A History of Jazz In Britain 1919-50 was the first truly comprehensive survey of the phenomenon from a purely British perspective. Despite the increase in jazz literature before it was first published in 1984, there is no other book to rival it. This new edition includes additional photographs and an updated text.
The author, who began a lifelong involvement with jazz at eighteen as the secretary of the 161 Rhythm Club, Sidcup, Kent, and has yet to ‘grow out of it’, examines in great detail the arrival of the music with the Original Dixieland Jazz Band in 1919, the struggles towards the establishment of criteria, the big-band era, the disastrous Musicians’ Union ban and the extraordinary internecine warfare caused by the advent of bop.
The American trail-blazing artists and bands of the period are all covered: the ODJB itself, Ted Lewis (with Jimmy Dorsey and Muggsy Spanier), Louis Armstrong, Duke Ellington, Paul Whiteman, Cab Calloway, Dizzy Gillespie, Fats Waller, Benny Goodman, Sidney Bechet and many more. Their influence on British musicians is examined, as are the press reports of the time (some quite hilarious, others downright offensive). The specialist magazines, especially the Melody Maker, the rhythm clubs, discographers and pundits and the roots of British trad and bop are all discussed . In addition, the book tells of the fascinating cloak-and-dagger plots which culminated in the presentation of Sidney Bechet and Coleman Hawkins on British stages in defiance of the Musicians’ Union ban and of the resulting court fiasco.
All this wealth of conscientiously researched detail is related with the trenchant and pithy humour for which the author is well-known, and the result is both an indispensable reference tool for the aficionado and an interesting, sometimes startling, read for the lay observer.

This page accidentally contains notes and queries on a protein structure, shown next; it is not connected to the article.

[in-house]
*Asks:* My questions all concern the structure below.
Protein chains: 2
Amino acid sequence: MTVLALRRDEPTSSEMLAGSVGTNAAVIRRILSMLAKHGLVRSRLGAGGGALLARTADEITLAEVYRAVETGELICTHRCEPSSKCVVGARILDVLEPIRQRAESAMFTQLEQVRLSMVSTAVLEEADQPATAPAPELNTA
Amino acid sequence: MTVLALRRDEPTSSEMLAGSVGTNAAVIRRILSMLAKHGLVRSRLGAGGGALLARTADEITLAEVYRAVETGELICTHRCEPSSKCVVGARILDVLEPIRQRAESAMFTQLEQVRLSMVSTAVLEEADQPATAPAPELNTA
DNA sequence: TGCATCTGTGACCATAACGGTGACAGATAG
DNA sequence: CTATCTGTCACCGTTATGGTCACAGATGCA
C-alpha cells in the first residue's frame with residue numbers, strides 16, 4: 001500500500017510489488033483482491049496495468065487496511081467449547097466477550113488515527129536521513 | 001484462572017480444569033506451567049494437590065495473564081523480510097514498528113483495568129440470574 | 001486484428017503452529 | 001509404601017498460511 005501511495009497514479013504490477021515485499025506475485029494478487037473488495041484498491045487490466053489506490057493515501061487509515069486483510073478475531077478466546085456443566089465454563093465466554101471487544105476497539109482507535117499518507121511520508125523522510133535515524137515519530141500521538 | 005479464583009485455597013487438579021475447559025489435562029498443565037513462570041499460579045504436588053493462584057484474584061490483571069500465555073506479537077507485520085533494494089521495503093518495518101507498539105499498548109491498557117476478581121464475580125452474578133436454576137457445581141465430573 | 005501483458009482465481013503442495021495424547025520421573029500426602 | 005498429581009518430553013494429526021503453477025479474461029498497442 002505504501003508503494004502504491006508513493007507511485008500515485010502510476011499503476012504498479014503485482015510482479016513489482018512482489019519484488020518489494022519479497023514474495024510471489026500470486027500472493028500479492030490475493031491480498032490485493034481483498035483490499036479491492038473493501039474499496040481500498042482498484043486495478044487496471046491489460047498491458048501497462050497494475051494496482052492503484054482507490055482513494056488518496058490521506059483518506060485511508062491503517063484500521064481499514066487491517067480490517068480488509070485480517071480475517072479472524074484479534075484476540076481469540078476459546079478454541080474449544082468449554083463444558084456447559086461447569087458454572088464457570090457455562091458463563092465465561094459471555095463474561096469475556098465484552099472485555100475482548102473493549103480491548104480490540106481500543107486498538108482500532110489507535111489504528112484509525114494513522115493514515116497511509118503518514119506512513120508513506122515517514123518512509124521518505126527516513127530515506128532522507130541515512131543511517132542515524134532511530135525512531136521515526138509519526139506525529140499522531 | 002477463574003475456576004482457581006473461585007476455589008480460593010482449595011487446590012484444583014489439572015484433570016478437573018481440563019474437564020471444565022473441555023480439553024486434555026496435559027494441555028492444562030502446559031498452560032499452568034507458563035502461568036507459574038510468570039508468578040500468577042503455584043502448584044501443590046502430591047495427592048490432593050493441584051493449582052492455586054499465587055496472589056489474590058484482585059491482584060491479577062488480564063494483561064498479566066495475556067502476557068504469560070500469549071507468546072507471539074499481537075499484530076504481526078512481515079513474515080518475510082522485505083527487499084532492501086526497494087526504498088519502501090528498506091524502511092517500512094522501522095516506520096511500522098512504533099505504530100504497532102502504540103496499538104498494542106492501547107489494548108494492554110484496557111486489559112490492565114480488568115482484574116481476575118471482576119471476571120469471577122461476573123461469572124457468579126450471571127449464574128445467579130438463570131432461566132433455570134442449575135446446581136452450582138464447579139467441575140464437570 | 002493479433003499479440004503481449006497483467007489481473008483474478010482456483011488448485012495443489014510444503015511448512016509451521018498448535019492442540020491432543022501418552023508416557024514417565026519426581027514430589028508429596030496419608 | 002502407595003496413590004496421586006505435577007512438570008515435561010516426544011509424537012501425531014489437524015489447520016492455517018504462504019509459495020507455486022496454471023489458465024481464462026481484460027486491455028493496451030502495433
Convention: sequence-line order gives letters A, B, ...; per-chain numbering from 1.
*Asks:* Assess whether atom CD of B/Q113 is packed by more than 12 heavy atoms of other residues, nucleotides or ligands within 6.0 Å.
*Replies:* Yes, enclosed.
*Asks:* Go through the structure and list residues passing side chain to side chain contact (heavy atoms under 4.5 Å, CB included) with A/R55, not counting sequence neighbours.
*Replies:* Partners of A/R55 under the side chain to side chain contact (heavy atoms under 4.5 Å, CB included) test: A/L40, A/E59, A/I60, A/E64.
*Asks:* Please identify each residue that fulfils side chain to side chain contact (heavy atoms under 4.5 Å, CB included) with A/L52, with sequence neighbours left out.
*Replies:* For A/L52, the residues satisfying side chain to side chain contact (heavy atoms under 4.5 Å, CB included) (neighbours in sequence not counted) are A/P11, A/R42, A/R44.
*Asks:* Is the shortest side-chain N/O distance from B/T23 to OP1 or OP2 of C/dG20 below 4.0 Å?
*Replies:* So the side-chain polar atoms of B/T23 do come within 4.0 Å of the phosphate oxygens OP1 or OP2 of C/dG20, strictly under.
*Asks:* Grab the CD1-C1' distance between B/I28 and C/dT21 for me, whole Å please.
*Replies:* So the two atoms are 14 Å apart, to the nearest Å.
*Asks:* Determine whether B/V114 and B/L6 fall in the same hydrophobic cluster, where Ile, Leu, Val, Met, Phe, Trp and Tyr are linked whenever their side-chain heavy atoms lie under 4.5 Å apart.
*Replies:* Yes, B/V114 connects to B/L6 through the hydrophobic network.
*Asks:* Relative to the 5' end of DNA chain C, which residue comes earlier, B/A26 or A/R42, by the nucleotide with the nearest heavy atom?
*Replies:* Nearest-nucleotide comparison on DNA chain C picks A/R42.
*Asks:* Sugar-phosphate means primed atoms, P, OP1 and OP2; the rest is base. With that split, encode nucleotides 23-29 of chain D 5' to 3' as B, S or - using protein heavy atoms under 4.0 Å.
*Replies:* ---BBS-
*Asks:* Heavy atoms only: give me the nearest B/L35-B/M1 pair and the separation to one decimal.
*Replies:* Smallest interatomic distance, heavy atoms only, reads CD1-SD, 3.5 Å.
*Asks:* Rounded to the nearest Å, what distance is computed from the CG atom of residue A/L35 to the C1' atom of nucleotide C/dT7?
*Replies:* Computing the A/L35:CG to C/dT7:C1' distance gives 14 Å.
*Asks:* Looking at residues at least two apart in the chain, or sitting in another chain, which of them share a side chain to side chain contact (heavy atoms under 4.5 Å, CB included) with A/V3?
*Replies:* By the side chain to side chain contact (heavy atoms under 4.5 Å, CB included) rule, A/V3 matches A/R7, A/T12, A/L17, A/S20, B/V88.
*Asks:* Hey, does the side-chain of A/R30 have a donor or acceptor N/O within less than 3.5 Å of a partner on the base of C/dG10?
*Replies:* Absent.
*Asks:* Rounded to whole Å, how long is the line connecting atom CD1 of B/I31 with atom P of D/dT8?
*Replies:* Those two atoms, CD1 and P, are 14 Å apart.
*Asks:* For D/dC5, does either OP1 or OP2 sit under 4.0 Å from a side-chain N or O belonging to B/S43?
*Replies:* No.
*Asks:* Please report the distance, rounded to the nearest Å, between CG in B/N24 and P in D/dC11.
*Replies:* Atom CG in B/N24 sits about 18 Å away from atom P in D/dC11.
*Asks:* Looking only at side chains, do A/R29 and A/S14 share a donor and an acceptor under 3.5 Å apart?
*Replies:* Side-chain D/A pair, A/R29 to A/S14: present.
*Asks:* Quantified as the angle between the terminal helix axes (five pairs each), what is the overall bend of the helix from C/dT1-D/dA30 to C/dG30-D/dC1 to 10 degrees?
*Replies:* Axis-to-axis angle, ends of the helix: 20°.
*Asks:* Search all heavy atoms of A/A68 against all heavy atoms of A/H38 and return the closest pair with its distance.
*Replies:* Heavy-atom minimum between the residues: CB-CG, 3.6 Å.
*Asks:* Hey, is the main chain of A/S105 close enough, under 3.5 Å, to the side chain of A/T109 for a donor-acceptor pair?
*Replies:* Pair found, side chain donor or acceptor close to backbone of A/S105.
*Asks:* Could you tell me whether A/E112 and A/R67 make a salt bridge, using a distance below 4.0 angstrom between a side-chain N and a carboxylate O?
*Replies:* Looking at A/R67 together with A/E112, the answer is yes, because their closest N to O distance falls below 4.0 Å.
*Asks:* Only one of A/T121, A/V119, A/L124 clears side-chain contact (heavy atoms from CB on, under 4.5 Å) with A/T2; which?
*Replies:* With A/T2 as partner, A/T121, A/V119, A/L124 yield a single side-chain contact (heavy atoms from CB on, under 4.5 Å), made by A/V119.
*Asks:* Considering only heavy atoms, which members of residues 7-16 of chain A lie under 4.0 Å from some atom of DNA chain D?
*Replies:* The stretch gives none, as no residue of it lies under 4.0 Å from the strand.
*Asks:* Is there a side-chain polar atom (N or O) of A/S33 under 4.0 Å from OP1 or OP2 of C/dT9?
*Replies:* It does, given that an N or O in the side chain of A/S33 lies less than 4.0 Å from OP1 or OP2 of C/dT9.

1. When I Hear That Jazz Band Play
2. The Melody Maker
3. Stumbling Towards Criteria
4. Early Definitions, Bands and Records
5. Odd Bedfellows
6. Leading up To Louis
7. Duke and Less Mortals
8. Pundits, Record Companies, Rhythm Clubs
9. Books and Magazines
11. Archer Street Jazzmen and the BBC
12. Peckham Pandemonium and Humphrey Lyttelton
13. Heebie Jeebie Boys
14. Jazz Comes to Britain by Stealth
15. Jazz and Justice
16. Britain’s First Real Jazz Age
JIM GODBOLT was born in south London in 1922. He became manager of George Webb’s Dixielanders in 1946 after demobilization from the Royal Navy. He ran a band agency with Lyn Dutton and Humphrey Lyttelton in 1951 and formed his own agency in 1952, representing Mick Mulligan’s Magnolia Jazz Band, the Sandy Brown-Al Fairweather All-Stars and various pop groups including the Swinging Blue Jeans. He left the entertainment business in 1971 to concentrate on a career in writing, supporting himself with work as a meter reader, and published an autobiography, All This And 10%, later updated to include his hilarious meter-reading experiences as All This And Many A Dog. In 1979 he founded Jazz At Ronnie Scott’s, the house magazine of Ronnie Scott’s Club, which he still edits. His other books include A History of Jazz in Britain 1950-70 and the World of Jazz in Printed Ephemera and Collectibles.